A prepositional phrase is a sentence that contains a preposition, an object, and any word which modifies the object. Usually, the function of the phrase is to modify a noun or a verb. There are two major types of prepositional phrases:
- Adverbial Phrases
- Adjectival Phrases
Adverbial phrases are groups of words which acts as an adverbial modifier in a sentence. Just like the way an adverb or adjective modifies a sentence, an adverbial phrase can do the same. An adverbial phrase contains an adverb and a word placed before or after it. It can be used to show how, when, why, and where of an event. Examples include:
- Very carefully
- Any time
- As quickly as possible
- Once upon a time.
Adjectival phrases, on the other hand, is a group of words which acts as an adjective. They usually qualify a noun or a pronoun in a sentence. Examples include:
- Extremely angry
- Very tired
- Overly sensitive.
A prepositional phrase is usually made up of a preposition and the other word (the object) which it modifies. The word can be a noun or a gerund verb (that is a verb that ends in -ing). A prepositional phrase does not have a subject, except for the preposition and the object. They can act as adverbs, and as adjectives. When it acts as an adjective, it is usually followed by a noun or pronoun. When it acts as an adverb, it is followed by an adjective, a verb, or even other adverbs. This takes us back to the two basic kinds of prepositional phrases, an adverbial phrase, and an adjectival phrase.
Here are some more examples of a prepositional phrase acting as an adverb:
1. James drove his new car across the road.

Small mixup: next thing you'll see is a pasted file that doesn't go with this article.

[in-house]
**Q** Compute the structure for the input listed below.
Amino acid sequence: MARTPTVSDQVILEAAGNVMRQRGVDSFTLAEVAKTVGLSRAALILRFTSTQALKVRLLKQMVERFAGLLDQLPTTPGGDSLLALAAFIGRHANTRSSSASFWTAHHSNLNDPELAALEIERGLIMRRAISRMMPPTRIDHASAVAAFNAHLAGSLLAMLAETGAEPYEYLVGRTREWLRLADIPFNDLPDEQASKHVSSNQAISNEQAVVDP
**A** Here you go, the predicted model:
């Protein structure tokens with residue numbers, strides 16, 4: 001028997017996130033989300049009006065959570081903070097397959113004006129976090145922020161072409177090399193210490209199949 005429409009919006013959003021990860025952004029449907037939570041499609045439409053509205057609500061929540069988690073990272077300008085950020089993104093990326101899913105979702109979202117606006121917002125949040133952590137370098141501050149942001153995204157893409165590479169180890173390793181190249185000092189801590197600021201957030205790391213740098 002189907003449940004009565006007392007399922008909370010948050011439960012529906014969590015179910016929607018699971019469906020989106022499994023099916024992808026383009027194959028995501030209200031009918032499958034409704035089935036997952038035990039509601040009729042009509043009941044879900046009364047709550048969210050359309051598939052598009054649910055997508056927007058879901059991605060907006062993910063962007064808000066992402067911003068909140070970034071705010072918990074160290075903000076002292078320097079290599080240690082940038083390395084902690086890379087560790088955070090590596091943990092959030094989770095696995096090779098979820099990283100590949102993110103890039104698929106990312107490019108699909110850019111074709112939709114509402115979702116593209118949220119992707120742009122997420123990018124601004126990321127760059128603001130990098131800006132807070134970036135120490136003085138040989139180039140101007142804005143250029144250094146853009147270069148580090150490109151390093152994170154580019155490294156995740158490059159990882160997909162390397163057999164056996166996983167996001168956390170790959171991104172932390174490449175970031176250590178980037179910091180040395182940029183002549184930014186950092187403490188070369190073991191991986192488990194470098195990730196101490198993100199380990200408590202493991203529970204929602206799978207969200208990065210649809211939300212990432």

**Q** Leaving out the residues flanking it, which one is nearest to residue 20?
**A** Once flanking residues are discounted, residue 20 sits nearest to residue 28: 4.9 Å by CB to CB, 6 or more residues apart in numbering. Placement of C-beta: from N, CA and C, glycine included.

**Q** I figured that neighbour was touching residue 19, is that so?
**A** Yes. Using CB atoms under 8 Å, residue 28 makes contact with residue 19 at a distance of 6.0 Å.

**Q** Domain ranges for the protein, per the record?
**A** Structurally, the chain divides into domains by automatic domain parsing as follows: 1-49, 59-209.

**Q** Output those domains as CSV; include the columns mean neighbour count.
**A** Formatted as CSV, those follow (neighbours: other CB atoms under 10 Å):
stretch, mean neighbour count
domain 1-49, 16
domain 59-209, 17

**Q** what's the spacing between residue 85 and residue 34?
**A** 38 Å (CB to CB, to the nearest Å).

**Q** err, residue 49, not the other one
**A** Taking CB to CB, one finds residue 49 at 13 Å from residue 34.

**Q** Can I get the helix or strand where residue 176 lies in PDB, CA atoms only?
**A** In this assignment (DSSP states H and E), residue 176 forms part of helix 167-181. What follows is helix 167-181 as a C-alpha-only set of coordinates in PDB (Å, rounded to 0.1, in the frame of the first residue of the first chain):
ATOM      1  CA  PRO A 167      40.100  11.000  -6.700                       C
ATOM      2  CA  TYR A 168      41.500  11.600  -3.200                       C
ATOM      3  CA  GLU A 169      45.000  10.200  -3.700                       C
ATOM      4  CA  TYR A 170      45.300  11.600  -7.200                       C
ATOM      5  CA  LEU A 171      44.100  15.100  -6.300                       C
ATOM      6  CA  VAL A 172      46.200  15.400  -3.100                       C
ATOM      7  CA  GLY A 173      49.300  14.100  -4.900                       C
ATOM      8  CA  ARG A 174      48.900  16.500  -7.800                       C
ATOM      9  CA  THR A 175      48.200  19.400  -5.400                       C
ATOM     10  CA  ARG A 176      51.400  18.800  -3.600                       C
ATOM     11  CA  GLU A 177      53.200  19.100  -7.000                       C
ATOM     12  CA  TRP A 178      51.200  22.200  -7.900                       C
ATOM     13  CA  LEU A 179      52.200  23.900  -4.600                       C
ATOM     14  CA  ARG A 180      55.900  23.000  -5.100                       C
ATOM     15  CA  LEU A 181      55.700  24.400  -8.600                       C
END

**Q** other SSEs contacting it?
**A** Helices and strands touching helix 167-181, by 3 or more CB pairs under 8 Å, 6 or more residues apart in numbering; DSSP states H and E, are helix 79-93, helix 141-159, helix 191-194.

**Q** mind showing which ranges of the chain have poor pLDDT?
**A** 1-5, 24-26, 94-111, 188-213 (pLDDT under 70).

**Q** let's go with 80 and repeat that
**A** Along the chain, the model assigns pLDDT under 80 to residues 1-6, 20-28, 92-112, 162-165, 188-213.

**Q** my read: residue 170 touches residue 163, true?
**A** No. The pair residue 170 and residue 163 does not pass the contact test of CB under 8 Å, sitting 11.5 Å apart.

The verb in this sentence is “drove”. The preposition is “across” and the adverbial phrase is “across the road.”
2. The congregation ran out of the church when the fire alarm rang out.
“Ran” is the verb being described. The preposition is “out”, and the adverb phrase is “out of the church.”
Here are some examples of a prepositional phrase acting as an adjective:
- The man in the hat looks shady.
- The boy under the rain looks homeless.
Prepositional phrases can also function as a noun, thereby being the subject of a sentence. Examples are these:
- On an airplane is where I want to live.
- During the performance, do not use your phone.
It can be tempting to use several prepositions, or prepositional phrases in your writing. However, you must keep it to the barest minimum at all times. Grammarly advises that if your writing has one proposition in every ten words, it shows that you need to edit them out. Your writing will appear more professional and elegant when you use lesser prepositions.
- In the end: Used to signify an ultimate end.
- At the end: Used to signify a time period.
- On time: Used to signify punctuality.
- In time: Used to show that a person on an object arrives before the given time.
- In common: Used to signify that two or more things share similar characteristics.
- In Love: Used to signify deep affection for someone or something.
- In touch: Used to show that people are still in constant communication.
- In fact: Used before a factual statement or truth.
- At once: Used to signify urgency.
- By force: Used to signify the use of physical force.
- In case: Used to suggest precaution.
- In vain: Used to show that the efforts of someone or something were not successful.
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